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The IBM Models (Brown et al., 1993) are a series of generative models for **word** alignment. GIZA++ (Och and Ney, 2003), the most widely used implementation of IBM models and HMM (Vogel et al., 1996), employs EM algorithm to es- timate the model parameters. For simpler models such as Model 1 and Model 2, it is possible to obtain sufficient statistics from all possible align- ments in the E-step. However, for fertility-based models such as Models 3, 4, and 5, enumerating all possible alignments is NP-complete. To over- come this limitation, GIZA++ adopts a greedy hill-climbing algorithm, which uses simpler mod- els such as HMM or Model 2 to generate a “center alignment” and then tries to find better alignments among its neighbors. The neighbors of an align- ment a J 1 = [a 1 , a 2 , · · · , a J ] with a j ∈ [0, I] are

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In this paper, we report our work on CLP2012 Mi- cro-blog **word** segmentation subtask. Specific to the characteristics of short text, we design our system in three steps. First, we train a statistical model to mainly segment known words. Then, we utilize an unsupervised segmentation method to indentify unknown words. Third, for the words beyond knowledge of the training data, we employed a dictionary based approach. Generally, our system design is easy to implement and presents good segmentation results.

IBM Models (Brown et. al., 1993) are a series of gen- erative models for **word** alignment. GIZA++ (Och and Ney, 2003) is the most widely used implementation of IBM models and HMM (Vogel et al., 1996) where EM algorithm is employed to estimate the model parameters. In the E-step, it is possible to obtain sufficient statistics from all possible alignments for simple models such as Model 1 and Model 2. Meanwhile for fertility-based models such as Model 3, 4, 5, enumerating all possible alignments is NP-complete. In practice, we use sim- pler models such as HMM or Model 2 to generate a “center alignment” and then try to find better alignments among the neighbors of it. The neighbors of an alignment a J 1 = [a 1 , a 2 , · · · , a J ], a j ∈ [0, I] is defined as align-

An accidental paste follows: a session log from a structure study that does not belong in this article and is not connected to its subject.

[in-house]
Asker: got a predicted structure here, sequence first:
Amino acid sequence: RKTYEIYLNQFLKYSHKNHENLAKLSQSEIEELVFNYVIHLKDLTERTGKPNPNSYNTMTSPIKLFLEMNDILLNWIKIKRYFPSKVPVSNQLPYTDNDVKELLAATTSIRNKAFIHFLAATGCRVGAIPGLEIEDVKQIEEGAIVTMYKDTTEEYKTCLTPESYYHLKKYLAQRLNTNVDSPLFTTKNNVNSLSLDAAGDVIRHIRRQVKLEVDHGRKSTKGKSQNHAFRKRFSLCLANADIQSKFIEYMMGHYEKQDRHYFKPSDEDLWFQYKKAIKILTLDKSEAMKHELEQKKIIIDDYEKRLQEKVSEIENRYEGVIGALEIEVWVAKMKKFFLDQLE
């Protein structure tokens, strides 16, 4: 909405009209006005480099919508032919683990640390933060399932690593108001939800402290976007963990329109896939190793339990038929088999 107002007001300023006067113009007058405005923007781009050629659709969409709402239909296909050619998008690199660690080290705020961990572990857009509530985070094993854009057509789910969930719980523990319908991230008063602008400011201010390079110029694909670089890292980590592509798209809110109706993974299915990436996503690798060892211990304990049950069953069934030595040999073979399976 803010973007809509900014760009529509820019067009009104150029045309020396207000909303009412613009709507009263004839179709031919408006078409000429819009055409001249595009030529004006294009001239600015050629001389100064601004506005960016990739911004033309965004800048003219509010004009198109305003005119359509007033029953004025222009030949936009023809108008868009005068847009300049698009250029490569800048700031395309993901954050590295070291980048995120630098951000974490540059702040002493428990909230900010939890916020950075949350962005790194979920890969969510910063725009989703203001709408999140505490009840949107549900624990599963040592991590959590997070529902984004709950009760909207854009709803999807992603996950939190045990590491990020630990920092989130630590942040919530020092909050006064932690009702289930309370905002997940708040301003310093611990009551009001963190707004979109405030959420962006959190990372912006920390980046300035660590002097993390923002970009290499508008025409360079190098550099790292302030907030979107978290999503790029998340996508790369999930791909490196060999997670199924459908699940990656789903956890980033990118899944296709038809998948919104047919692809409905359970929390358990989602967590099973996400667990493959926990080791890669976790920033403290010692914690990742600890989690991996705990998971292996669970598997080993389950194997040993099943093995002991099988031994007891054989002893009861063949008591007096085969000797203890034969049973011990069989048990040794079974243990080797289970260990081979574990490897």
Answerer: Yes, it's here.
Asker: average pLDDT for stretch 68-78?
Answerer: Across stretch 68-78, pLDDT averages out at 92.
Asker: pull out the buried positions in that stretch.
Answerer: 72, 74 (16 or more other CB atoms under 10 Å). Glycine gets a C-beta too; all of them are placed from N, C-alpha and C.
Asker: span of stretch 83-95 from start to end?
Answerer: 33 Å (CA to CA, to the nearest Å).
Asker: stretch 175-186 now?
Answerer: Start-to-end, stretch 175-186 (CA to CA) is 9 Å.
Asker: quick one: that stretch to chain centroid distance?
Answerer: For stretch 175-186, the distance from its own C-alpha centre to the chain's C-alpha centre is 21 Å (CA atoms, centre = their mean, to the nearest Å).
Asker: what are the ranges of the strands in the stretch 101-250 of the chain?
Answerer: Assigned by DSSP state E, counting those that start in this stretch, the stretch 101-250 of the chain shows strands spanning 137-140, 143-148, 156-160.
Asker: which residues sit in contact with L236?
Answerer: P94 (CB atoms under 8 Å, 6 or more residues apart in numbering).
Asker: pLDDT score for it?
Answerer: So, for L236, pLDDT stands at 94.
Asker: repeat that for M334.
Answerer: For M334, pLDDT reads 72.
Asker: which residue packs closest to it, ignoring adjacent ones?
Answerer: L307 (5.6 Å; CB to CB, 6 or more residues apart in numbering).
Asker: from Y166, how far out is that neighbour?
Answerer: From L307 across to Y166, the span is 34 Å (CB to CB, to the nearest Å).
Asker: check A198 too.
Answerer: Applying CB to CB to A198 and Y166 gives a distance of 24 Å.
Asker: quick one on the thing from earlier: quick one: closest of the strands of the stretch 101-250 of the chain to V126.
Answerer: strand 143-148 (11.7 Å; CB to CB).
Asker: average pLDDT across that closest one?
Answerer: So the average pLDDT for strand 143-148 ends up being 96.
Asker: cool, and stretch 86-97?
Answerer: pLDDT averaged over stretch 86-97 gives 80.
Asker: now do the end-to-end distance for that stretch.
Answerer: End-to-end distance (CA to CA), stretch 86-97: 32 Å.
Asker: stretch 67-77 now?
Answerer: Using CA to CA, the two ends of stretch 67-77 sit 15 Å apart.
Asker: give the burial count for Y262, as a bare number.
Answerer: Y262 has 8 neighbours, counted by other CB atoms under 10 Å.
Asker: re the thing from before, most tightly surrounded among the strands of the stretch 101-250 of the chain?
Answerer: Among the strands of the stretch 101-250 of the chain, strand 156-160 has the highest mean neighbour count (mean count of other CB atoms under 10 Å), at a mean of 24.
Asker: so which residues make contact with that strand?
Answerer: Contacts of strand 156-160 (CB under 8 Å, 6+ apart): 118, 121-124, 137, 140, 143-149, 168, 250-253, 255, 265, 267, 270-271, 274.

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In this paper, we presented a hybrid genera- tive/discriminative model of **word** segmentation, leveraging a nonparametric Bayesian model for un- supervised segmentation. By combining CRF and NPYLM within the **semi**-supervised framework of JESS-CM, our NPYCRF not only works as well as the state-of-the-art neural segmentation without hand tuning of hyperparameters on standard cor- pora, but also appropriately segments non-standard texts found in Twitter and Weibo, for example, by automatically finding “new words” thanks to a non- parametric model of infinite vocabulary.

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the E-step of the EM algorithm. Since the EM algorithm runs on GMM, from now on, POS fin- gerprint features represent the words instead. The following points may explain why it can improve the performance: (1) Even though the best testing accuracy with "hard assignment" given by the ME model is only 81%, the "true" structure anal- yses may still exist as the top-k candidate with relatively large probabilities, while irrelevant ones may have only small probability mass. (2) In general the assignments that EM induce do not necessarily correspond to the desired classifi- cation tags, but the ME outputs can give the EM a better starting point to move towards the right one among all possible local optima, given the data likelihood and the classification accuracy are well correlated. (3) From the perspective of the original ME model, the connections and similarities between data points from a much bigger sample (21151 vs. 500) may help fix the high variance problem discussed in section 4.3. The final soft assignments for the 100 testing words are obtained by applying the E-step for them with the parameter estimated in previous iterations. To get the hard assignment, we simply select the assignment with the highest probability for each **word**. The evaluation for the hard as- signments is still based on testing accuracy, which stays at 90% in multiple runs that we have tried.